For over five hours on Wednesday, Sept. 16, starting about 3 p.m., the CVS at 2226 Wisconsin Ave. NW was closed while some 20 young people blocked the street in front of the store. Dozens of customers coming to get prescriptions and medications were turned away.
Police closed Wisconsin Avenue to all cars from Calvert Street south to Whitehaven Parkway. Traffic was jammed for hours on 37th Street, the only street parallel to Wisconsin Avenue that offered a way in and out of Georgetown.
Most of the demonstrators lounged in chairs in the middle of the street, ordered Domino’s pizza, skateboarded and popped wheelies on bicycles. A few walked around with signs and bullhorns, protesting what they referred to as the racially profiled detention for shoplifting of two Black customers at the CVS store the day before. The “f-bomb” word was dropped profusely. When The Georgetowner interviewed demonstrators at 7:30 p.m., there were no plans to march or to move away from the area.
“When I went to enter the store about 4 p.m., a protester with a megaphone harassed me,” a resident who did not want to be identified told The Georgetowner. “I was taunted. ‘You can’t come in, you can’t come in, ha ha ha,’ they said. A woman with a megaphone, an African American, mocked me for having white privilege. When I told the police standing near their cars up the block that I had been harassed, they said there was nothing they could do. They said they had been ordered to stand down, to not take any action if demonstrators were exercising their First Amendment rights to free speech.”
“I happened to be in the store at about 3 p.m. yesterday, probably the last customer,” Georgetown-Burleith Advisory Neighborhood Commissioner Kishan Putta told The Georgetowner. “Loud, vocal protesters had entered the store and that may be why they decided to close it. When I left, in the elevator, the pharmacist, an African American woman, seemed frustrated. She was worried about customers who were scheduled to pick up medications and get flu and other shots.”
Police officers who were interviewed also expressed frustration. “We don’t want to be here just sitting in our cars blocking people here from going to their homes and stores,” said one. “The D.C. police force is the best in the country for peacefully handling protest marches and demonstrations,” said another, a 25-year veteran of the force who grew up as a neighbor of Mayor Muriel Bowser.
But both told The Georgetowner that the police’s proven ability to allow protests without widespread community disruption had been taken away by the Council, which banned any interventions in protests. The officers said that, even though they are called names and have bricks thrown at them, they are not allowed to wear helmets.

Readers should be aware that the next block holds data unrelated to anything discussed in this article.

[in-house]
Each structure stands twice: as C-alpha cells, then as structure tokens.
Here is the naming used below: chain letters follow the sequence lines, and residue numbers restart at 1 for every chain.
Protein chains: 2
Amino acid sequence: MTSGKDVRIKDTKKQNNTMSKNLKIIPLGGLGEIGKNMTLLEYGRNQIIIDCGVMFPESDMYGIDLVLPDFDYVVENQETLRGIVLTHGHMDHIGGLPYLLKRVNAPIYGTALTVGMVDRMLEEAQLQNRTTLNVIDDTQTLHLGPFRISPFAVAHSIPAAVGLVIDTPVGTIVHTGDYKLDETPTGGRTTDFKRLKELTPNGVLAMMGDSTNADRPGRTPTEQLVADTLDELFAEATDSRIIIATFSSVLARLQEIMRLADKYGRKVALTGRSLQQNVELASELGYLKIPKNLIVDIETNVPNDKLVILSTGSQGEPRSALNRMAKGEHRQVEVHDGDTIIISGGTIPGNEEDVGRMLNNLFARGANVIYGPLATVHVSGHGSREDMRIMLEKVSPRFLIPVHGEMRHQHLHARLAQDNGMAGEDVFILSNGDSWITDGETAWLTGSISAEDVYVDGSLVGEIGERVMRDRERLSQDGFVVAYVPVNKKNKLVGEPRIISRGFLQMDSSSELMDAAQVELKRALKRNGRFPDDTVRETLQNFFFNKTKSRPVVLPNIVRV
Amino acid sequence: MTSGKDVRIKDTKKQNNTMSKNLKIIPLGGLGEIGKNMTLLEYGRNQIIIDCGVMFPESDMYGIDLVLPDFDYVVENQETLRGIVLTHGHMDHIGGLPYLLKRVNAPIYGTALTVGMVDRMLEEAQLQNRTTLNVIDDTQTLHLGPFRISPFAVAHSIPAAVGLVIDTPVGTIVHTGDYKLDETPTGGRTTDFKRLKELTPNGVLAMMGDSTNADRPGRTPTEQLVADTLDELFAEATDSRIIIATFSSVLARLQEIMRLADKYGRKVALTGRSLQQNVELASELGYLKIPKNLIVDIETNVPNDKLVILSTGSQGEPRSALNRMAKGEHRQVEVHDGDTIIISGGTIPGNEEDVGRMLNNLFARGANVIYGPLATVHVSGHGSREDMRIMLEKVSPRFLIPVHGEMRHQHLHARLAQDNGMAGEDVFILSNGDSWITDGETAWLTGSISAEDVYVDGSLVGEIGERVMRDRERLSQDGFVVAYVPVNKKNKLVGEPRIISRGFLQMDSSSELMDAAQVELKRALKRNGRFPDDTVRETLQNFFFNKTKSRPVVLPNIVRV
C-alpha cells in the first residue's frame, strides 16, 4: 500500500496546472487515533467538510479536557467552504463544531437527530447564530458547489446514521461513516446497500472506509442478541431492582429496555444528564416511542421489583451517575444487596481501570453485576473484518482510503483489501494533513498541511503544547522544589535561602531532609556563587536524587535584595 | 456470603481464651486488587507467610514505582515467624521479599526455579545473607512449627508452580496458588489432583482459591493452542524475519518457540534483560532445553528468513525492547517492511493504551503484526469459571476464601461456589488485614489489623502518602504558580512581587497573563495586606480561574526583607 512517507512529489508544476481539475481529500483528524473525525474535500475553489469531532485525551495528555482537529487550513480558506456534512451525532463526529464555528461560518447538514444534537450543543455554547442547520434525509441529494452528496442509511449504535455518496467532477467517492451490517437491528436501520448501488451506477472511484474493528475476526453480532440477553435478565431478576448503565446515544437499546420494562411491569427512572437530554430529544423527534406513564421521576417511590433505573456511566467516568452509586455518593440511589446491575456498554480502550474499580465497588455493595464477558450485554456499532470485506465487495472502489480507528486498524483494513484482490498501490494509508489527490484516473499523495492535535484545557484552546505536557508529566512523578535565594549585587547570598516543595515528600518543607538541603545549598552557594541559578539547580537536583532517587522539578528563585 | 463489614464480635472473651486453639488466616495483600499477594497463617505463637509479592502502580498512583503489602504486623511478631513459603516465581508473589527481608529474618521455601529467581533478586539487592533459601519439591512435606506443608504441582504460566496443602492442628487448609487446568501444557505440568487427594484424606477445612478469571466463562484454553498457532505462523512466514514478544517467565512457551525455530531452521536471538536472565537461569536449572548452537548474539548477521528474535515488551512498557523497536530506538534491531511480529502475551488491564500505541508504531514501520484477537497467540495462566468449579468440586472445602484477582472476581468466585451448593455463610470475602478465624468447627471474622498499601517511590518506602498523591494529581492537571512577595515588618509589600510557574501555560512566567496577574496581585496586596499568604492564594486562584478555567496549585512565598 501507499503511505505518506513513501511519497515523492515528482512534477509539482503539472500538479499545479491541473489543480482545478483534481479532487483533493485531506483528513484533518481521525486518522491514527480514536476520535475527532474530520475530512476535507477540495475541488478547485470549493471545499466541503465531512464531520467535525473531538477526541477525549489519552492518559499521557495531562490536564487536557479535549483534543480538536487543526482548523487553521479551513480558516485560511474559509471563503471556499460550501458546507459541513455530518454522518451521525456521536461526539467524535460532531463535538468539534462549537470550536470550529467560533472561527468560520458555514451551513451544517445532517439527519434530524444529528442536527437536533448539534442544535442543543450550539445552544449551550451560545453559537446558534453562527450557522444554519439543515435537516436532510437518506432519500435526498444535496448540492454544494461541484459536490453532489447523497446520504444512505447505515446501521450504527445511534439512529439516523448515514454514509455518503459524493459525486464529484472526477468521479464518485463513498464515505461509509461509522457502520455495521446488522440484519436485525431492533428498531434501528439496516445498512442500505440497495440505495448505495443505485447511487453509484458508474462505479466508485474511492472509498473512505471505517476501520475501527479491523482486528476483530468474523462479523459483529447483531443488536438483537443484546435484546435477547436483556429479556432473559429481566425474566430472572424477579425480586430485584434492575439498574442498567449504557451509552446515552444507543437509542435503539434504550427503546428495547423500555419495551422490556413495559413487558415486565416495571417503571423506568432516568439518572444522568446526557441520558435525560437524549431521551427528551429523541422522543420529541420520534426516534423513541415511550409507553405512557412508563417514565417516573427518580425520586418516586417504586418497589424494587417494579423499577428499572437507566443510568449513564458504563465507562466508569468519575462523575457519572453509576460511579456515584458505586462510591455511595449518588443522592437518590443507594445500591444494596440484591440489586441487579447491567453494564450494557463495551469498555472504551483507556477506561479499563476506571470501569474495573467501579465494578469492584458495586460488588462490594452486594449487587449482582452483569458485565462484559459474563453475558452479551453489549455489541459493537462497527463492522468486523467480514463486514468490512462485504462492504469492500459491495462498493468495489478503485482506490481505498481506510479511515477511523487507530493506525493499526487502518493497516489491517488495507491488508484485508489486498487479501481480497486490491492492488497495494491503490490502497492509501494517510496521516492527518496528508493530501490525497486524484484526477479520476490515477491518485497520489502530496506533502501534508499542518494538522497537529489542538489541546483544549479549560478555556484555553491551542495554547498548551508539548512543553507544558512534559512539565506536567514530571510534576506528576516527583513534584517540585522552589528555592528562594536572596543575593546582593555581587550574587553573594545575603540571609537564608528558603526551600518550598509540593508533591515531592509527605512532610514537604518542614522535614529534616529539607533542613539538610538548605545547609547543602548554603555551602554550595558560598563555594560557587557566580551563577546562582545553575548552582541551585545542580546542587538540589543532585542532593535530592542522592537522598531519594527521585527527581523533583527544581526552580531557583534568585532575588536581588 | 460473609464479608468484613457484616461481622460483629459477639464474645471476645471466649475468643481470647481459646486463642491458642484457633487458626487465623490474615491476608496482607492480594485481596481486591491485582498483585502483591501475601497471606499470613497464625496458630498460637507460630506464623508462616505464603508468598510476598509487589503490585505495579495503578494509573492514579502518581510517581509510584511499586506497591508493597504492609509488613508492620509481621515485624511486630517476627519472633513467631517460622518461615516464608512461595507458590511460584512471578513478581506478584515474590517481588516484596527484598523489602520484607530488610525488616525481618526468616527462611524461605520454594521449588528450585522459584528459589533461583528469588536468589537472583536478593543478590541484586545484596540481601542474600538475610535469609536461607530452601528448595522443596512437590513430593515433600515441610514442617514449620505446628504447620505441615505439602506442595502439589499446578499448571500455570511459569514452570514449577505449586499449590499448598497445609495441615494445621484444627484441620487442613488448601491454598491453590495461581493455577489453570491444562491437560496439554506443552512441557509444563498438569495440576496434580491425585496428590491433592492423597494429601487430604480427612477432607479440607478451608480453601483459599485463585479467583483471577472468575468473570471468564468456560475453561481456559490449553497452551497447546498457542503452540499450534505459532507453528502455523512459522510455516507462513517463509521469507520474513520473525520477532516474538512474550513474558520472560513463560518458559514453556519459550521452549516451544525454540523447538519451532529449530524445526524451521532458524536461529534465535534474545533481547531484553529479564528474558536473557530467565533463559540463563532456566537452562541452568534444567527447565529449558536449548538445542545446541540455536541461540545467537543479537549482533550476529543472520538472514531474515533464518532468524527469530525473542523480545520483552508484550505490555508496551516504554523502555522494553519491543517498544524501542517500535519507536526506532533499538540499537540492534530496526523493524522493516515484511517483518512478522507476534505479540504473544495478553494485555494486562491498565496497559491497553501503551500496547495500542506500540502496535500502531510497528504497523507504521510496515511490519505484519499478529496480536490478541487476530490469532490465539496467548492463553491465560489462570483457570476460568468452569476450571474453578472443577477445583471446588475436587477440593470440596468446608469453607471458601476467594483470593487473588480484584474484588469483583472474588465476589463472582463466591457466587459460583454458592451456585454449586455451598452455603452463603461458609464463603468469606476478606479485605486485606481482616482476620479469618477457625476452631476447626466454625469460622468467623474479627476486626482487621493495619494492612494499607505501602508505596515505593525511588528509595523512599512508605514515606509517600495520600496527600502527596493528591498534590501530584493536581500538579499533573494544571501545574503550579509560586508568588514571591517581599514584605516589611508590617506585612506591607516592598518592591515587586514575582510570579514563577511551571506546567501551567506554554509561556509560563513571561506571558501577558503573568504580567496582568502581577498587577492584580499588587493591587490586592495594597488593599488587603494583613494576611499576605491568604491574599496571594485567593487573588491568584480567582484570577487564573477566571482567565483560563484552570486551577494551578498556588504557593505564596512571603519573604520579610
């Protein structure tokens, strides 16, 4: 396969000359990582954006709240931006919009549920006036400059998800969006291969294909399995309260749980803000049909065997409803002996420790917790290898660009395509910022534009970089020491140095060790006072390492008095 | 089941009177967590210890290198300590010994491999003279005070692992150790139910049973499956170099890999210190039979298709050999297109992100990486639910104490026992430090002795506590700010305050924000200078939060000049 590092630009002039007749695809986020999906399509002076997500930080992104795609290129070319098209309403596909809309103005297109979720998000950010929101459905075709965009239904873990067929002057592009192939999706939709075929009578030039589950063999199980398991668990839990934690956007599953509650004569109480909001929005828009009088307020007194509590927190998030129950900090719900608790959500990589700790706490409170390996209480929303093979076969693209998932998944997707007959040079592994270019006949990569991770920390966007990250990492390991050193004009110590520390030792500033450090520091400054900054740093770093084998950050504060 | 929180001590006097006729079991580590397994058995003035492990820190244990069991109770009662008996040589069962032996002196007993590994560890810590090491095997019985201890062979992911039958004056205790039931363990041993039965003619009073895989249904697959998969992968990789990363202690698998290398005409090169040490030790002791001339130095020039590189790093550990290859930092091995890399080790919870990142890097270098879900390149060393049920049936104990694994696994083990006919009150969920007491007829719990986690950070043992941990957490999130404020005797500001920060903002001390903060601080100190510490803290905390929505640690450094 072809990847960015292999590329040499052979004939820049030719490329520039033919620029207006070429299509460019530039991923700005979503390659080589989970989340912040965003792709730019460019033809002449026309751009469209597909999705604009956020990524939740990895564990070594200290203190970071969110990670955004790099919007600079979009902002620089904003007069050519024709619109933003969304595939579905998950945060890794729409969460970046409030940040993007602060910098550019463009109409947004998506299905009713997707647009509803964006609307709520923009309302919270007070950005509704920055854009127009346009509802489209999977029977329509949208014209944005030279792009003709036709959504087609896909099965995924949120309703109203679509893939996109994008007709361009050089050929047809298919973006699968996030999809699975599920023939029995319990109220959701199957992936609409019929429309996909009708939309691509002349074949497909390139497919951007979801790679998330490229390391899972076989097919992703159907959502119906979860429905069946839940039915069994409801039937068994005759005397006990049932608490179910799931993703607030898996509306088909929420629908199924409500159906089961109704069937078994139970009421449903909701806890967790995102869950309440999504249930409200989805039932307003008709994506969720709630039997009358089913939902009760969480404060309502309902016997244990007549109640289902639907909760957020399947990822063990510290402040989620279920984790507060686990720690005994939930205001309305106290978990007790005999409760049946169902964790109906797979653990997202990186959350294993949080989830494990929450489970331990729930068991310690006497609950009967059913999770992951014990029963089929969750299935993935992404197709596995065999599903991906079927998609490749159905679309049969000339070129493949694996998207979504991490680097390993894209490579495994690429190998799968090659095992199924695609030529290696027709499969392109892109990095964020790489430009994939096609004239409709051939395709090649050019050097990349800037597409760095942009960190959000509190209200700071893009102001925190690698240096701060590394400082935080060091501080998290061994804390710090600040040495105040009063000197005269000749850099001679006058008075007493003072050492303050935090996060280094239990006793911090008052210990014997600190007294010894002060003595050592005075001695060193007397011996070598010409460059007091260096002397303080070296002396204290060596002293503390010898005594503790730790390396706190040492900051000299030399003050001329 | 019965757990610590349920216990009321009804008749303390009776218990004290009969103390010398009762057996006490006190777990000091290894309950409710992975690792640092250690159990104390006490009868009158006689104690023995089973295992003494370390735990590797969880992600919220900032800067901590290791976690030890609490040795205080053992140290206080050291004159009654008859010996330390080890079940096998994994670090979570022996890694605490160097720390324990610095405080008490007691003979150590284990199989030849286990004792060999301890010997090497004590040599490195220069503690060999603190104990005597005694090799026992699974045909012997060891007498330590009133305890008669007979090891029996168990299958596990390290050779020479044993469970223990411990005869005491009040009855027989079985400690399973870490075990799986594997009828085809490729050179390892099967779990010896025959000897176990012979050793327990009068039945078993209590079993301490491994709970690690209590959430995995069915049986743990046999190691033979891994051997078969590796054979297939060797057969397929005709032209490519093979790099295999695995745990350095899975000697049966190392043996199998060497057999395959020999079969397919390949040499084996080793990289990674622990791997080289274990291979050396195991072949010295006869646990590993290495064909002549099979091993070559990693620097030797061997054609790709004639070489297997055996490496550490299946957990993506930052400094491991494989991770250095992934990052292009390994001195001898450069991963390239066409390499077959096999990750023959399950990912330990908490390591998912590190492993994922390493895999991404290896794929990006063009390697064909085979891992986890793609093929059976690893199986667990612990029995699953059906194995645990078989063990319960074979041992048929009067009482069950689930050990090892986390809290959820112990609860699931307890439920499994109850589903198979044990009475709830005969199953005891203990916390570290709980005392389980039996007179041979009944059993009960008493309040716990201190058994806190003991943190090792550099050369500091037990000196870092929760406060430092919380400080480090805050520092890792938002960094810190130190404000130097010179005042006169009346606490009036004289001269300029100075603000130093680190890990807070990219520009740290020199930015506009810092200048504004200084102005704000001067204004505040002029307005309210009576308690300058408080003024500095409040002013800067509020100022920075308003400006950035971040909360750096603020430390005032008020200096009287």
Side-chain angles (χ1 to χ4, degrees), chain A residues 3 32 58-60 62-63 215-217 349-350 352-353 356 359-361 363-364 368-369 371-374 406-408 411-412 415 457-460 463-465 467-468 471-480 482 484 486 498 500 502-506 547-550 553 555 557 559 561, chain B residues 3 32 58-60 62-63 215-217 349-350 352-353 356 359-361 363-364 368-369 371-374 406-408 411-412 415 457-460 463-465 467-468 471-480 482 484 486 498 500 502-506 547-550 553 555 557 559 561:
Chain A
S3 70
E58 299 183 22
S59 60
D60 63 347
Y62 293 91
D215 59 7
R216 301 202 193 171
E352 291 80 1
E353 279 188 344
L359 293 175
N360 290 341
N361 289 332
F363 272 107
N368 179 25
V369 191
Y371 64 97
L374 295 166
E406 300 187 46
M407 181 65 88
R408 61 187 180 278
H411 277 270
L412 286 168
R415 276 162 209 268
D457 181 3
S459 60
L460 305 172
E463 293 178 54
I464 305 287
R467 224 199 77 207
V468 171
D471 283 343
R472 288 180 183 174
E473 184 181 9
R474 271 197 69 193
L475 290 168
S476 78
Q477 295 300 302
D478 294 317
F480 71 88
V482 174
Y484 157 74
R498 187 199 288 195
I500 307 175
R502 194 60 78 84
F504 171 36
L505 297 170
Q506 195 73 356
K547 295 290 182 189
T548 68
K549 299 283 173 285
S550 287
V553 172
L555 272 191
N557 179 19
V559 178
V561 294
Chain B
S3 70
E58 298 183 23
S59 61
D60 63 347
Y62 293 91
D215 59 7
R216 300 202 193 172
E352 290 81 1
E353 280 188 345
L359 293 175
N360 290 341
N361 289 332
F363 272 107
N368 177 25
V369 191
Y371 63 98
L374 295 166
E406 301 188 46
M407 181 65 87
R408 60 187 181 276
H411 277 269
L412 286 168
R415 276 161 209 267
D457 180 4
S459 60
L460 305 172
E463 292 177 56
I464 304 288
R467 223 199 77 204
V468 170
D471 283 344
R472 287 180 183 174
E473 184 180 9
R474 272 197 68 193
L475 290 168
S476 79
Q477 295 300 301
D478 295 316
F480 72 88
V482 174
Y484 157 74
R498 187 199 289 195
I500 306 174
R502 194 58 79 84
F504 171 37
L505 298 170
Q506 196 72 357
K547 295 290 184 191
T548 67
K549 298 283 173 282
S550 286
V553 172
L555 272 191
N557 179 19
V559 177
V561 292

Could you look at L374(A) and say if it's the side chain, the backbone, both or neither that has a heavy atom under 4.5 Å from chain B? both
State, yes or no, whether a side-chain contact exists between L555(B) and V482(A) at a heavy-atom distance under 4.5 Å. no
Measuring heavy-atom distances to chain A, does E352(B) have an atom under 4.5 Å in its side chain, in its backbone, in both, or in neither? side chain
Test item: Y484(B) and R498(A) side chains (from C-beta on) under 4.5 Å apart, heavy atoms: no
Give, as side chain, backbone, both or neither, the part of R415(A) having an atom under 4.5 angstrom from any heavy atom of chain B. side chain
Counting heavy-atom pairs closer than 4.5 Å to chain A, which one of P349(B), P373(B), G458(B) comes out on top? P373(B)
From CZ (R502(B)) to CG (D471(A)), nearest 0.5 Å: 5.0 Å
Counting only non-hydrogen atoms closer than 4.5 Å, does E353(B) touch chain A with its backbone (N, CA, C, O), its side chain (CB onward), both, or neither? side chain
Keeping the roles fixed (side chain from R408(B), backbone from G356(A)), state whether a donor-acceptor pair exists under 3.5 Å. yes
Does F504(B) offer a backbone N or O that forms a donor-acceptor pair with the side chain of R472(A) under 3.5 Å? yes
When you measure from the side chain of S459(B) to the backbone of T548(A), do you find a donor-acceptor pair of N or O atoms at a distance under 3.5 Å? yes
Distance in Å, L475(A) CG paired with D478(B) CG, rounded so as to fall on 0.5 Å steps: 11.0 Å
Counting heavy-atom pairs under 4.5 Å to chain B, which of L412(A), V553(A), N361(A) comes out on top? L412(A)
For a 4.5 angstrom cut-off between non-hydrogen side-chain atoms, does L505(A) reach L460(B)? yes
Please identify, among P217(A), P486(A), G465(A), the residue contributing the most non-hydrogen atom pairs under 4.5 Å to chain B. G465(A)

“I’ve had it with these protesters,” said Vincent Natale, a software sales rep who lives near Trader Joe’s on Wisconsin Avenue. “We get the message. But the police should be able to move protesters to where they won’t block traffic or business. I’m going to complain to my ANC commissioners and the city Council.”
“I totally support protesting inequity, even making people feel uncomfortable to send a message,” Putta said in a phone interview on Sept. 17. “But it’s not right to harass people who are inculpable and just trying to do essential business — picking up their kids from school, shopping, getting essential drugs and medications, just getting back to their homes. Blocking a main thoroughfare for a short while for a moving march would be better than impeding people from doing essential business for hours.”
“The point is to make people uncomfortable, so they will pay attention to our message exposing racial profiling and inequity,” one of the protesters told The Georgetowner. Wearing a pink and yellow Black Lives Matter T-shirt (“to represent trans and queers,” he explained), the protester, who was white, said he had been a former manager of a CVS in Virginia. “If we suspected a customer of shoplifting, we had to have firsthand or video proof before calling the police. That didn’t happen here.”
Protesters repeatedly reminded this reporter that they were exercising their First Amendment right of free speech. But one approached alone and said, “I have to ask you respectfully to stop taking photos of us. It makes us uncomfortable. Would you erase them from your phone, please.” He backed away when shown the press credentials, but he seemed to be confused about who gets free speech and who doesn’t.
BREAKING: It appears there was a misunderstanding about the “shoplifting” incident. According to an email received at press time from Putta and Brian Turmail, chair of the Glover Park ANC, “We checked with Commander Duncan Bedlion of the Metropolitan Police Department’s 2nd District to ask about the facts behind the incident at the CVS given that there appears to be some confusion about what occurred. This is what he reported: ‘The manager of the CVS flagged down officers to report a theft. Two subjects were stopped, the property was returned to CVS and the subjects were barred at the request of the establishment.’ Hope that helps inform the conversation.”